Draft Memorandum for the Record
Regional Transportation Advisory Council Meeting
August 10, 2022, Meeting Minutes
2:30 PM–4:15 PM, Zoom
Lenard Diggins, Chair, representing the MBTA Ridership Oversight Committee (ROC)
Lenard Diggins called the meeting to order at 2:30 PM. Members and guests attending the meeting introduced themselves. (For attendance list, see page 6.)
Rebecca Morgan, MPO staff, presented on the SS4A Grant Application and the benefits it can bring for the region. The SS4A grant was created through the Bipartisan Infrastructure Law to support the National Roadway Safety Strategy (NRSS) and the goal of zero deaths and serious injuries on the nation’s roadways. The US Department of Transportation (US DOT) describes this program as a roadway safety program with a strong equity component. This program is consistent with the MPO’s mission and with the Long-Range Transportation Plan (LRTP) Destination 2040’s goals and objectives. Destination 2040’s safety goal includes reducing the number and severity of crashes and safety incidents for all modes, as well as reducing serious injuries and fatalities from transportation.
The transportation equity goal includes prioritizing MPO investments that benefit equity populations and promoting investments that are accessible to all people regardless of their abilities. Further, the grant supports work that the MPO is already engaged in, including performance-based planning and programing. The MPO has adopted roadway safety targets related to fatalities and serious injuries to meet federal performance requirements annually since 2018. The MPO’s most recent safety targets were set in February 2022. As part of this program, staff engage in similar activities, such as developing targets on reduction of fatalities and serious injuries, gathering data to analyze trends, and monitoring and reporting performance outcomes.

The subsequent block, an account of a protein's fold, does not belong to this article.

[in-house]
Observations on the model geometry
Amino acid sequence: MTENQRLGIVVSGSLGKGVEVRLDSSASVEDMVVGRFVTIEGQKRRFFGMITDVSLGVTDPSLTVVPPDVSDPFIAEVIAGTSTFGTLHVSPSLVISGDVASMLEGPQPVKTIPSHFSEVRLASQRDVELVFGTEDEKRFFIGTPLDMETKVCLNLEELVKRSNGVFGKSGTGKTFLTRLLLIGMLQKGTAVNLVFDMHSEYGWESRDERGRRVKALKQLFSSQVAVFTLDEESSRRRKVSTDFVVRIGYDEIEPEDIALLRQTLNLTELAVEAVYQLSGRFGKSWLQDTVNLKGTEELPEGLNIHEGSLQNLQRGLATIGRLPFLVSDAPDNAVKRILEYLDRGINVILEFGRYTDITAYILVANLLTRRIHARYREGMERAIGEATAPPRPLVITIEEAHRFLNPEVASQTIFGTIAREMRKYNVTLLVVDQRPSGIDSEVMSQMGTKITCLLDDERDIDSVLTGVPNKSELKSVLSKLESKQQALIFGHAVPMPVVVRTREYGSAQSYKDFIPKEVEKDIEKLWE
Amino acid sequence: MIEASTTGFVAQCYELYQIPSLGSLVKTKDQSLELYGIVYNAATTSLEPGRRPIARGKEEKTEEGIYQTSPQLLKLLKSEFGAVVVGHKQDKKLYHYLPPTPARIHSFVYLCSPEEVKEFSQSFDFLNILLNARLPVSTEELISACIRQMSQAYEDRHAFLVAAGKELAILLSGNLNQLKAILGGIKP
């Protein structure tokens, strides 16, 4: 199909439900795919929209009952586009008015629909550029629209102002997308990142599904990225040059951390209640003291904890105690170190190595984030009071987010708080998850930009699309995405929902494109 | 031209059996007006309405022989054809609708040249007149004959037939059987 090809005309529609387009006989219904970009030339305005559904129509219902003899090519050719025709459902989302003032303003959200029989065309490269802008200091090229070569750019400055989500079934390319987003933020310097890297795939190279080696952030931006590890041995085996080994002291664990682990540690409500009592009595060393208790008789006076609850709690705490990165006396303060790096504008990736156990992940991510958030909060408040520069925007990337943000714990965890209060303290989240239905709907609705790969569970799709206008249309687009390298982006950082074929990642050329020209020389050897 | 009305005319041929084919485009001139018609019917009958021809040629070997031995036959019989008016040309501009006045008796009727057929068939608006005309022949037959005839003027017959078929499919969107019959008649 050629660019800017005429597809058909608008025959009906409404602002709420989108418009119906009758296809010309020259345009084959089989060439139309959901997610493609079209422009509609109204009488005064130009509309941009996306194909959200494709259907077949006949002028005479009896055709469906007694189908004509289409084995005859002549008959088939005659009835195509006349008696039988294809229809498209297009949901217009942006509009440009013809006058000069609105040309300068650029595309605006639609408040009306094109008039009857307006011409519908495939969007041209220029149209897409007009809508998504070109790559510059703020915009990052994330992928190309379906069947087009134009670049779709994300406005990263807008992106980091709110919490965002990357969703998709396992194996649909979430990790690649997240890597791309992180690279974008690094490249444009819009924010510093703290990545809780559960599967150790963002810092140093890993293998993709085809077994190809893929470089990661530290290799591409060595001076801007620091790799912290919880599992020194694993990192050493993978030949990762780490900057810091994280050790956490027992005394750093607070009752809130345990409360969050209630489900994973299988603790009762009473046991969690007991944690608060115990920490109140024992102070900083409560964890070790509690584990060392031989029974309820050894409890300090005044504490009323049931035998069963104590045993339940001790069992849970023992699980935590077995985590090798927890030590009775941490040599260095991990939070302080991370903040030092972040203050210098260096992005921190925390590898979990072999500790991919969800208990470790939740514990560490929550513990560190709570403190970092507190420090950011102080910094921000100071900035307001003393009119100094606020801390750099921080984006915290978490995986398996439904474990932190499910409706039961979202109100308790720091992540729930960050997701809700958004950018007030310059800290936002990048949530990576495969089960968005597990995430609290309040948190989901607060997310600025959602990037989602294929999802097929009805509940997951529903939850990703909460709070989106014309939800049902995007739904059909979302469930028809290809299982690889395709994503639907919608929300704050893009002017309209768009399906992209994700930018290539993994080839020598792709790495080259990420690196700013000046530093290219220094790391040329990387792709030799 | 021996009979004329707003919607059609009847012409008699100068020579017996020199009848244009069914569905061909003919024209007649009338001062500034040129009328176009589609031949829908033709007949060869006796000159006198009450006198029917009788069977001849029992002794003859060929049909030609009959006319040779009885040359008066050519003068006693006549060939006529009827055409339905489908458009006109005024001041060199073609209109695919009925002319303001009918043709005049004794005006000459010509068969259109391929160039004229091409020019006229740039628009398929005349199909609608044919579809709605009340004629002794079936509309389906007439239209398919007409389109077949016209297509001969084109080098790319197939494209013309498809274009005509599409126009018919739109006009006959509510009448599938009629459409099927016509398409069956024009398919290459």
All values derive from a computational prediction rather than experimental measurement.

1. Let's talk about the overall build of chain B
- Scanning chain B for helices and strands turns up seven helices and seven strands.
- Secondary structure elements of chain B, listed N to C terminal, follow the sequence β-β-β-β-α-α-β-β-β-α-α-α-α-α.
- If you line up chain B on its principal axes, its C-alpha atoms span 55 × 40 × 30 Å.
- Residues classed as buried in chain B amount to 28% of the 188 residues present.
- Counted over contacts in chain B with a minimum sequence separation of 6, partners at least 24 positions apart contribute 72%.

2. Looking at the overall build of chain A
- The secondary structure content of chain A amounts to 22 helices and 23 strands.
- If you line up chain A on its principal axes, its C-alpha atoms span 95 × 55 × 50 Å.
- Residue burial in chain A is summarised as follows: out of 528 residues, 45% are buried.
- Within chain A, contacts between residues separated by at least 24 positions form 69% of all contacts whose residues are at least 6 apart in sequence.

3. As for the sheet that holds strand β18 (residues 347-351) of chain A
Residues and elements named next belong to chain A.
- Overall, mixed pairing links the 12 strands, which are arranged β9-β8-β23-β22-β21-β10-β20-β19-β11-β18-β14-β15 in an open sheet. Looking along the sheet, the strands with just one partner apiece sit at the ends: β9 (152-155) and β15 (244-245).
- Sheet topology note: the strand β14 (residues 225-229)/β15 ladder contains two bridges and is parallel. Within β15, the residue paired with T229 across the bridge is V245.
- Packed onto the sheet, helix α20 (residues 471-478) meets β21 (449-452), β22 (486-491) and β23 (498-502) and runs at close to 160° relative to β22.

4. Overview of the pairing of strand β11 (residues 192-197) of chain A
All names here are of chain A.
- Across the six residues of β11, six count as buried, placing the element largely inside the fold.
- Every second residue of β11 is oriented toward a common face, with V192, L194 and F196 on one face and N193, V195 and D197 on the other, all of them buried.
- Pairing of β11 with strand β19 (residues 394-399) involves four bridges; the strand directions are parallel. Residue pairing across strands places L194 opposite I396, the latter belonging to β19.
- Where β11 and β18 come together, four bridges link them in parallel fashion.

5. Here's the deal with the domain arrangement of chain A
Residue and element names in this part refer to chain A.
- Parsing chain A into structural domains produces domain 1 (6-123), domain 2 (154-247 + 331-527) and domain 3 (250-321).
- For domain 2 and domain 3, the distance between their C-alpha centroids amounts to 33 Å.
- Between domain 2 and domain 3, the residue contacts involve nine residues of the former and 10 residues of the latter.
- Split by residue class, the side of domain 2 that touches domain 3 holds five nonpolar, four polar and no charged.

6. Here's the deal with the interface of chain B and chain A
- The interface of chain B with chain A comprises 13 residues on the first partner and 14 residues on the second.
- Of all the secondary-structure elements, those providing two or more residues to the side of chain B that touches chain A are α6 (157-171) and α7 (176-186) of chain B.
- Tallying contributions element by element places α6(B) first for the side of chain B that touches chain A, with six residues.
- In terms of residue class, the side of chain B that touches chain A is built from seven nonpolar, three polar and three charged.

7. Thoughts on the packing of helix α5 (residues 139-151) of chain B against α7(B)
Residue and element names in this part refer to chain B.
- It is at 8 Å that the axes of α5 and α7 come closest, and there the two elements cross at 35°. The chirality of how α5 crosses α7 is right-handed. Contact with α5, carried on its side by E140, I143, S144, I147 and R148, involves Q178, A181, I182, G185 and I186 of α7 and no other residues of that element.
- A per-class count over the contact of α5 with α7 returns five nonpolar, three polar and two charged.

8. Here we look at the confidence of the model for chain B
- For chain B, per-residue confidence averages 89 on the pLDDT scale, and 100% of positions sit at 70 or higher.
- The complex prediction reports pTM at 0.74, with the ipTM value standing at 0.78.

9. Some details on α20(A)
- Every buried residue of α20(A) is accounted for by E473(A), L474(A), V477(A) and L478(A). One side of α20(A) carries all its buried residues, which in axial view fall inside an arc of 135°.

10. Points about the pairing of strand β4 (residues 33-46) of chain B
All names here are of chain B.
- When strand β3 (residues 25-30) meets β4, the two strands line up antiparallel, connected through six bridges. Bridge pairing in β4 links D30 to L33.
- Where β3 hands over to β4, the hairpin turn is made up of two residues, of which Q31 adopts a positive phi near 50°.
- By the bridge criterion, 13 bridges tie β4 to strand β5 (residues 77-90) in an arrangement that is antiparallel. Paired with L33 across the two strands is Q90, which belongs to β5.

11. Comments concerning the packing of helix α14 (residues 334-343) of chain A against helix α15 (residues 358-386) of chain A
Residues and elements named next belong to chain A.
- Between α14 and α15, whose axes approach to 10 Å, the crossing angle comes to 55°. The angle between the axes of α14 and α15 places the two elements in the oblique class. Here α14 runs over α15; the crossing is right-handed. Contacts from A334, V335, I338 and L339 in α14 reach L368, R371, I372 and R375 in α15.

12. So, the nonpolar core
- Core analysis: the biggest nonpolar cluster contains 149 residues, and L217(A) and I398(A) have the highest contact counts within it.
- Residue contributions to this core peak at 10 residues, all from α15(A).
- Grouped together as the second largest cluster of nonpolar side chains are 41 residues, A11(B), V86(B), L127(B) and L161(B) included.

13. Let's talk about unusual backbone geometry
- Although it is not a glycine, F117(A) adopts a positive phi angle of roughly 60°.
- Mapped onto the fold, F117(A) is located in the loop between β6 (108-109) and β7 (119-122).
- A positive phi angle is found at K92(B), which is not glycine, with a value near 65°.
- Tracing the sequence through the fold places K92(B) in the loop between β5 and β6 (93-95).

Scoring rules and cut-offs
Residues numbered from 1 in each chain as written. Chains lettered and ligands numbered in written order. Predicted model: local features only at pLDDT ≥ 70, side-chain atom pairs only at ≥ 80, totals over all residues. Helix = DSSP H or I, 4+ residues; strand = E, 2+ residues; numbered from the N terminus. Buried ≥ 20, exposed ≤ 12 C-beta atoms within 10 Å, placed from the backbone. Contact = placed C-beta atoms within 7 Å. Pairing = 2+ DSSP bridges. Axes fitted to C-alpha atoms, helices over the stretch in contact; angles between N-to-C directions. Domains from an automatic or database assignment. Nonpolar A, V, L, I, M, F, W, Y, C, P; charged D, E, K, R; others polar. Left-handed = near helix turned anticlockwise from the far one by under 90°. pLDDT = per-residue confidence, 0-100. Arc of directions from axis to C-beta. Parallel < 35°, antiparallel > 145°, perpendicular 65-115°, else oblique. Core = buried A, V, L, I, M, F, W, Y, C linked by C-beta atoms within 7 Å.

The SS4A grant supports funding local initiatives to prevent death and serious injury on roads and streets, commonly referred to as “Vision Zero” or “Toward Zero Deaths” initiatives. A total of $5 billion has been appropriated for funding for federal fiscal years (FFYs) 2022–26, with up to $1 billion for allocation in FFY 2022. MPOs, political subdivisions of the state, tribal governments, and multijurisdictional groups are eligible to apply for funding. Notably, state departments of transportation are not eligible to apply for funding.
There are two grant types being offered: the Action Plan grant and the Implementation grant. Action Plan grants are to develop or complete a Comprehensive Safety Action Plan (Vision Zero Plan) and to conduct supplemental action planning activities in support of an existing Comprehensive Safety Action Plan. Implementation grants are used to implement projects and strategies, to conduct planning and design, and to conduct supplemental action planning activities in support of an existing Comprehensive Safety Action Plan. Since the MPO does not currently have an action plan, the MPO would apply for an Action Plan grant. If awarded, these funds would be used to develop a Regional Comprehensive Safety Action Plan. The Regional Comprehensive Safety Action Plan will allow access to implementation funds in future years.